Review: 'Rogue One'
The stand-alone Rogue One: A Star Wars Story is a battle movie, heavy on the war, light on the stars. Many have heard that George Lucas once cut footage from WWII dogfights into the work-print of the first Star Wars film, to give previewers an idea of what the film would look like once the effects were done. Rogue One, then, comes full circle. It's a World War II movie in space.
The finale is on the planet Scarif, a world of surf and tropical reefs; the attack wings shooting, bombing and crashing are like a futuristic version of the Pacific theater.
It's set during the rise of Lord Vader and Grand Moff Tarkin. More about Vader momentarily, but the latter is yet Governor Tarkin, and played by Peter Cushing's digitized ghost. It's hard not to stare at the apparition of an actor dead for 22 years—the movements are a little artificial, but it's him, all right. No one had seriously thought the grave could hold Peter Cushing, anyway.
Rogue One answers a question that's been plaguing geeks for decades: why did the Death Star have such a glaring design flaw, so similar to the ever-convenient Self-Destruct Button in spy movies? Having answered this, director Gareth Edwards races along to the climax of a dangerous mission, carried out with a mixed cast of funny-name bearers. Central to this tale is Jyn Erso (Felicity Jones, as determined and rabbitty as ever). She has grounds for wrath; her mother was killed by stormtroopers back on their rainy black-earthed home planet—a vision that blends Kauai and Donegal. Her father Galen (Mads Mikkelsen), who had been hiding from the Empire, is your classic kidnapped scientist, brought back to labor on the planet-busting weapon with an old acquaintance (Ben Mendelsohn.)
On a nearby planet, the dead Jedi's towering main temple is abandoned, but it's being salvaged for a mineral or something called kyber, which fuels both the light sabers and the death star alike. The Central Asian-like city around the temple teams with rebellious life—a town about to blow into insurrection against the Empire's occupiers.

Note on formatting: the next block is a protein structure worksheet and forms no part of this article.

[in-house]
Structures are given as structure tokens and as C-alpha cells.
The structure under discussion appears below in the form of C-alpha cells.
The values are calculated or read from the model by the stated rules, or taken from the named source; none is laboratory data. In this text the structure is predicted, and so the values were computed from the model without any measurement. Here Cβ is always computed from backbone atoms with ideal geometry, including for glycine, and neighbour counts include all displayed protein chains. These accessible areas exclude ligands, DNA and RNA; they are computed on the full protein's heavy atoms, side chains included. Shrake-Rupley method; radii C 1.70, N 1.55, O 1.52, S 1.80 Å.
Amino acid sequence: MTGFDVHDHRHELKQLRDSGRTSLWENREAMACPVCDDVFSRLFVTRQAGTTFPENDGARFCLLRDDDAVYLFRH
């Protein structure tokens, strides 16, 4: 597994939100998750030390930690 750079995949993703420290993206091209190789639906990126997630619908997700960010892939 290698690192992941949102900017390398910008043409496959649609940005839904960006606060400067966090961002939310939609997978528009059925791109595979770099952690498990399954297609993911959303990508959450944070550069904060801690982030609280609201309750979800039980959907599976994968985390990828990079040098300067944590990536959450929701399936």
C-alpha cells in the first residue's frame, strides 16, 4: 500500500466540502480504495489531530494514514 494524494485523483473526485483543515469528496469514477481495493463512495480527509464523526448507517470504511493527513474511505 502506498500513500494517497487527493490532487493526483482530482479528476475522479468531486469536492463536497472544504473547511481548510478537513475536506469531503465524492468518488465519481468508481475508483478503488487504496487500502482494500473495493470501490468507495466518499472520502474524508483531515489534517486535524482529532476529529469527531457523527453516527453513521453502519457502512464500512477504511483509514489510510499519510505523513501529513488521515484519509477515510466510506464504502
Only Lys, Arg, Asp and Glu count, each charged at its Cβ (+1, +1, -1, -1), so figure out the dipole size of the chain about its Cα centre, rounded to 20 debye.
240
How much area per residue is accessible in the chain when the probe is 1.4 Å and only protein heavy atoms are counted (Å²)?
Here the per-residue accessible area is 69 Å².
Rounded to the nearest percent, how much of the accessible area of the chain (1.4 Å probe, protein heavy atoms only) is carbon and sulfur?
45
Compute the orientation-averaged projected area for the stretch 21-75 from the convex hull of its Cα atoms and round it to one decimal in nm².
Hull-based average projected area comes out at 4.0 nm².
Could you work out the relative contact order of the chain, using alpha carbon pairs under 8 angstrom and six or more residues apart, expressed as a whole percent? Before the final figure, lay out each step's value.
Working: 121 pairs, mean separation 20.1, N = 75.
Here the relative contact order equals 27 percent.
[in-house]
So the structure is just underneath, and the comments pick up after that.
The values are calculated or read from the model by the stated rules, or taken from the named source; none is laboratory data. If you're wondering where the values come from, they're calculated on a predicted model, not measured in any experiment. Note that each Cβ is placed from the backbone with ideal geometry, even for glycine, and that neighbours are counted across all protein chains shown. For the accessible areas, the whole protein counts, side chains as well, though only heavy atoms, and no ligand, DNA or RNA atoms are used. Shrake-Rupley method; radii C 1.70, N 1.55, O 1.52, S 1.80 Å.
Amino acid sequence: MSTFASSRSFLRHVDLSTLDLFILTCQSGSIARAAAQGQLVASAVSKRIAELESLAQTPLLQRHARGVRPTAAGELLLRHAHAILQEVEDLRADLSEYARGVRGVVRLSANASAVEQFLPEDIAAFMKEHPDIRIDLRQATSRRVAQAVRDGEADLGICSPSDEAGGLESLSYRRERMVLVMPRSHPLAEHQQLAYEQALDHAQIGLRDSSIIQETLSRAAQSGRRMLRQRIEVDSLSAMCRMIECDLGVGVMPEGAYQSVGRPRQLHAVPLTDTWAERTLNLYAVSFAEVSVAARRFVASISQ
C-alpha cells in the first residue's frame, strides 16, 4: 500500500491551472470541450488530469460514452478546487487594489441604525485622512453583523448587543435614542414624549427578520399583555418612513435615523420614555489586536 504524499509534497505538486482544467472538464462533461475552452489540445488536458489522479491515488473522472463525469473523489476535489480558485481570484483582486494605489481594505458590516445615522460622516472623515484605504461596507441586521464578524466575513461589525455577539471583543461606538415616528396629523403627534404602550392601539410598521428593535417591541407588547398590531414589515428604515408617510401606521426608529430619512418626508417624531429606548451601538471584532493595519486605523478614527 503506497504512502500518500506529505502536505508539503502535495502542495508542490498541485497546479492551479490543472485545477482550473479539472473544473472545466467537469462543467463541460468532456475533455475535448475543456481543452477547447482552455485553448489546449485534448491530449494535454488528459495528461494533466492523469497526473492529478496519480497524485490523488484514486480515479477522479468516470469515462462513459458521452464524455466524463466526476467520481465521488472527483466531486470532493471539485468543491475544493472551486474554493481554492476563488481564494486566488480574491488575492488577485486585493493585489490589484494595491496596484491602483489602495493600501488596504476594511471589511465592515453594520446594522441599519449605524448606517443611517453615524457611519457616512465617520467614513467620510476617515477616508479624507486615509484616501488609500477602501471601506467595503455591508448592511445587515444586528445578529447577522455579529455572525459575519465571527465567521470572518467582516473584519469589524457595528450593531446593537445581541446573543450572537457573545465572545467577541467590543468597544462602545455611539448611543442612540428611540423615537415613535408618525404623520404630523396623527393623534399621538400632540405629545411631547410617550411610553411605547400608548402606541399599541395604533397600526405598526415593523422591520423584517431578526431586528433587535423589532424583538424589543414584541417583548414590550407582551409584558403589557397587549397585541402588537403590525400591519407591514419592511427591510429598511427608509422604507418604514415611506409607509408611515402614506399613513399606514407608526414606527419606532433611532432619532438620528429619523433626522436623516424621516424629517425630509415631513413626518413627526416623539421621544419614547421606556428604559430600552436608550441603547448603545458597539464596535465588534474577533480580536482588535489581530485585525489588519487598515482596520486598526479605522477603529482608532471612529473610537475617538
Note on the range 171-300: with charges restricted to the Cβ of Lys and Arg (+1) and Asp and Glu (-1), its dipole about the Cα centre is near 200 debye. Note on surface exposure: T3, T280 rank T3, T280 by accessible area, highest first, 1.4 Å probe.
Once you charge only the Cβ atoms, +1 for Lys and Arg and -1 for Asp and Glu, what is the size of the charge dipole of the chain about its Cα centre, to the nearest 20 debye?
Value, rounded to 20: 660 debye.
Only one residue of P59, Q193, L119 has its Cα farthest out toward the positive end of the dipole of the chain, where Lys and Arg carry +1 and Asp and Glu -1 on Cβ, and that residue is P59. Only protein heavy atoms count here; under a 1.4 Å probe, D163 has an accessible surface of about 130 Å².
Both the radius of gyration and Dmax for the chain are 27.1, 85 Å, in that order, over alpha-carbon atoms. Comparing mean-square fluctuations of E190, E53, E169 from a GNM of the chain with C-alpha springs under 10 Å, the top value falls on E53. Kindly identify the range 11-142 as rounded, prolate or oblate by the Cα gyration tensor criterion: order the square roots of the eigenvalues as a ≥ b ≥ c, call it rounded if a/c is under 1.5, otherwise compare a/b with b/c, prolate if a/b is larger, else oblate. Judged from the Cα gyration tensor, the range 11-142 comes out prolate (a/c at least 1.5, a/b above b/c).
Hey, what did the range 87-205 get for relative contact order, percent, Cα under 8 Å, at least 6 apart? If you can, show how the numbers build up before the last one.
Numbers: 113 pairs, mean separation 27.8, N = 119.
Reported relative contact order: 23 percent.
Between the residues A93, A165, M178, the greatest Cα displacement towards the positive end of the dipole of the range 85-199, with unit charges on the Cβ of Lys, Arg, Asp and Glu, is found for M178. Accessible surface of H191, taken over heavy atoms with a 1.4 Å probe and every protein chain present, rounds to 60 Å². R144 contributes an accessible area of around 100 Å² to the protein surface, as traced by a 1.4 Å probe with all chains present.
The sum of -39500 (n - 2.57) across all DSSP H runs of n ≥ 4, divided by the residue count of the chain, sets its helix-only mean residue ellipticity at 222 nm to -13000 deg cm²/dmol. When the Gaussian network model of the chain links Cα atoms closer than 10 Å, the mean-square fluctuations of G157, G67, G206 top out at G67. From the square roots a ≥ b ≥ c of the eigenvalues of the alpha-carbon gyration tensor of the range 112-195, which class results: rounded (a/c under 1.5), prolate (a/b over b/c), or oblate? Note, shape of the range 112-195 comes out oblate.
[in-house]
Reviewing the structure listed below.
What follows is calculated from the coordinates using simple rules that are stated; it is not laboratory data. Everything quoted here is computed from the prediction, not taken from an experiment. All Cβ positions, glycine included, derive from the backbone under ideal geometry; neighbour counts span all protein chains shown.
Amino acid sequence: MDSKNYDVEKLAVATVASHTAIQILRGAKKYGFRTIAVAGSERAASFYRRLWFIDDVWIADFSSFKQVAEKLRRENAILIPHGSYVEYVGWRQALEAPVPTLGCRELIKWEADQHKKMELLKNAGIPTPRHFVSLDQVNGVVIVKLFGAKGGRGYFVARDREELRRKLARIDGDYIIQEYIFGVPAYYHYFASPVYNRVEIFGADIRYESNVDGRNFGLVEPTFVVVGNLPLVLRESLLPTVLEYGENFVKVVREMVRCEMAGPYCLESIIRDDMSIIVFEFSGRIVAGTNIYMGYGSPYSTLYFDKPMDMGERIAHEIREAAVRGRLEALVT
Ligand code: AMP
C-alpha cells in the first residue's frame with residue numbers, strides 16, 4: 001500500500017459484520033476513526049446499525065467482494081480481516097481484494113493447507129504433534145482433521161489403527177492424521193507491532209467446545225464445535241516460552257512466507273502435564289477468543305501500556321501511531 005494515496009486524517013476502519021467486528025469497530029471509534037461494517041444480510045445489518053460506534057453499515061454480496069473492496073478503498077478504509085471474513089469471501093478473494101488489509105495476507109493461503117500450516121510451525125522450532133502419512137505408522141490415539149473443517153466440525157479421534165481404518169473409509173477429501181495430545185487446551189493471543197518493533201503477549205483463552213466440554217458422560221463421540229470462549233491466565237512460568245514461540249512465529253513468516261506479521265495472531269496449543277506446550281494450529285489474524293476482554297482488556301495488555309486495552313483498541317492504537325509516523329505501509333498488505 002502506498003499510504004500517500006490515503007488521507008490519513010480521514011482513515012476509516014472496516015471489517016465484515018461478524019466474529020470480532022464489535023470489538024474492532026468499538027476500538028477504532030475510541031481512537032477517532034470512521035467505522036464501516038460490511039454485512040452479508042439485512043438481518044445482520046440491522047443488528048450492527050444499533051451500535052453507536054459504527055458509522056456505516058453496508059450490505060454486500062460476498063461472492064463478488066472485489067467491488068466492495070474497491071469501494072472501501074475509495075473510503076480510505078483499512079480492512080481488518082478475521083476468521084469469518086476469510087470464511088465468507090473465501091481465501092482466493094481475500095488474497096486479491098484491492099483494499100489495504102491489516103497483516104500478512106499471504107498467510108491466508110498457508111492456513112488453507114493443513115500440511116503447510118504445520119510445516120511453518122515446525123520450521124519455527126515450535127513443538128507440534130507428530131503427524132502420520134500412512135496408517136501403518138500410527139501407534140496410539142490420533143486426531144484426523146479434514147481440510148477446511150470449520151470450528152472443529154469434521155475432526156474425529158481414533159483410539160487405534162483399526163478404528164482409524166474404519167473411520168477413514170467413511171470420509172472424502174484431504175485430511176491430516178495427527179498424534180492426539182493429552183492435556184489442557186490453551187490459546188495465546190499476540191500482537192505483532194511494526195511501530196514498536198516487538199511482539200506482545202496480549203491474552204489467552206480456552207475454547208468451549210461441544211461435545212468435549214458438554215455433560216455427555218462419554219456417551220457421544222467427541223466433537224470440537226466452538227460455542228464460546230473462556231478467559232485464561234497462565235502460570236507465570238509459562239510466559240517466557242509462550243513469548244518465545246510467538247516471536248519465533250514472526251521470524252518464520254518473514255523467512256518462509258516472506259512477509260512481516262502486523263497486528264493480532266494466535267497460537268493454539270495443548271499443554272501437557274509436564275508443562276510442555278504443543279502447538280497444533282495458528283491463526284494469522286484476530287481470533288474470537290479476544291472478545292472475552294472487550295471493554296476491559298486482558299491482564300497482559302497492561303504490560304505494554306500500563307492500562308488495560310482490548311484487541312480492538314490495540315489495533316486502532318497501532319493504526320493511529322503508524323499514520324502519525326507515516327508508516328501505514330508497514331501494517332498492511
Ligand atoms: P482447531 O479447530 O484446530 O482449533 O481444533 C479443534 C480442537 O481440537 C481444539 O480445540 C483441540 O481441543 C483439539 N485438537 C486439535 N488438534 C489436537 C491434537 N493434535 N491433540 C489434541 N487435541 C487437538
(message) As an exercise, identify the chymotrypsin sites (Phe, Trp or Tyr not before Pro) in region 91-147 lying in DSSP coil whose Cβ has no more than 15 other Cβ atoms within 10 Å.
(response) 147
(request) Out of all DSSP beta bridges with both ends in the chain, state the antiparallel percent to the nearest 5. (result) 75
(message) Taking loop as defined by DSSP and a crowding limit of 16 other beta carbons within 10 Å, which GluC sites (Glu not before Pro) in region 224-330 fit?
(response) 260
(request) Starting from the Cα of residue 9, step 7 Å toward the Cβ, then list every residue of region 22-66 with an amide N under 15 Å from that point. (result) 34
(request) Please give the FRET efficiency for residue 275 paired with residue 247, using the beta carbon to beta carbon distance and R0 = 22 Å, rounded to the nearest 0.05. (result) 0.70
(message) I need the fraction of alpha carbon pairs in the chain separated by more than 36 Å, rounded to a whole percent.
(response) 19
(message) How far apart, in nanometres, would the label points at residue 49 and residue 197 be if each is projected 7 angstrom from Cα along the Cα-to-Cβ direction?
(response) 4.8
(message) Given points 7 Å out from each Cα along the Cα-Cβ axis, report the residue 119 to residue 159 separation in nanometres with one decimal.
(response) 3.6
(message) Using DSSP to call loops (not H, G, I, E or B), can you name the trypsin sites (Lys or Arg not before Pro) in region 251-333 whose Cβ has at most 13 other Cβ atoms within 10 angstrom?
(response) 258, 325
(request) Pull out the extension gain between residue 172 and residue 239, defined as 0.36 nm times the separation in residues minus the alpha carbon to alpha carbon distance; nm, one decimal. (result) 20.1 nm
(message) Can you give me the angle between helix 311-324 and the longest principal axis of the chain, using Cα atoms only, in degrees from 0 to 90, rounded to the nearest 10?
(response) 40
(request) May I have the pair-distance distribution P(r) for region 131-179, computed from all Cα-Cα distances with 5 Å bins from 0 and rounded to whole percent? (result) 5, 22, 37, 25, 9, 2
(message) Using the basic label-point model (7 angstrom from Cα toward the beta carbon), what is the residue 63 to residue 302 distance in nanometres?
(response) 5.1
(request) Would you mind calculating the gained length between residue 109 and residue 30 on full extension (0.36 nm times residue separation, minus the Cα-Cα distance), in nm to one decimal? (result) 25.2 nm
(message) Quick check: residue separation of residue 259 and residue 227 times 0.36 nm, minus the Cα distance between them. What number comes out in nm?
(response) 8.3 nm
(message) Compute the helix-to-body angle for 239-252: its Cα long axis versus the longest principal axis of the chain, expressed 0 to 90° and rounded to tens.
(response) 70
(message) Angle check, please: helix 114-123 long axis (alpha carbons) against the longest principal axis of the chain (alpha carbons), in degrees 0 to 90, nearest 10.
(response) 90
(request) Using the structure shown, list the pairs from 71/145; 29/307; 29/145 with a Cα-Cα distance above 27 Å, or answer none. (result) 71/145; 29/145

There, rebels join Jyn to eventually become the crew of a battered Imperial freighter stolen and renamed "Rogue One." The crew roster includes a brain-damaged pilot, as well as Chirrut, a blind semi-Jedi with zen archer skills (Donnie Yen, whose tremendous martial artistry is the single most rapture-inducing part of the show).
With the rebels is a reprogrammed droid. K2SO (voiced by Serenity crewman Alan Tudyk). He's long-legged, 8 feet tall, snippy, and only intermittently obedient. "I thought I told you to wait in the ship!" K2SO is scolded by his companion, Cassien (Diego Luna). As per the nerve-wracked Dr. Smith in TV's Lost in Space, this android gives the defeatists in the audience someone to cheer on: he likes to recite the exact percentages of how fail prone a given mission might be.
Darth Vader turns up twice, once to show off his air-strangling trick—bemusing that such a gasper would want to make other people suffocate. The dark lord in his home inside a volcano citadel with a lava moat. Seemingly still recovering from his injuries from Revenge of the Sith, he stews in an aquarium full of chemicals. Nice to have him back, but Vader is not scheming up anything magically treacherous.
The movie is crowded and way too busy. The characters make stylish entrances—for example, Forest Whitaker as a blasted-up fanatic, stumping in on mismatched prosthetic feet—but they make even swifter departures. The Empire Shoots Back, for once, and with accuracy. Those who prefer the series' explosions to the double-moonrises should be slaked by what happens. It's all action, hopping from planet to planet and blasting all the way. That makes it faster and more serious than anything in the series.
The seriousness also makes it less exhilarating than last year's relaunch. One really wants to leave the recent election out of this experience, to go, watch and forget about the desperate times. This is difficult, given the huge emphasis on revolutionary self-sacrifice and battle lines being drawn; it's an unpleasant kind of zeitgeist offered here—premonitions of possible struggle to come.
Rogue One: A Star Wars Story
PG-13; 133 Min.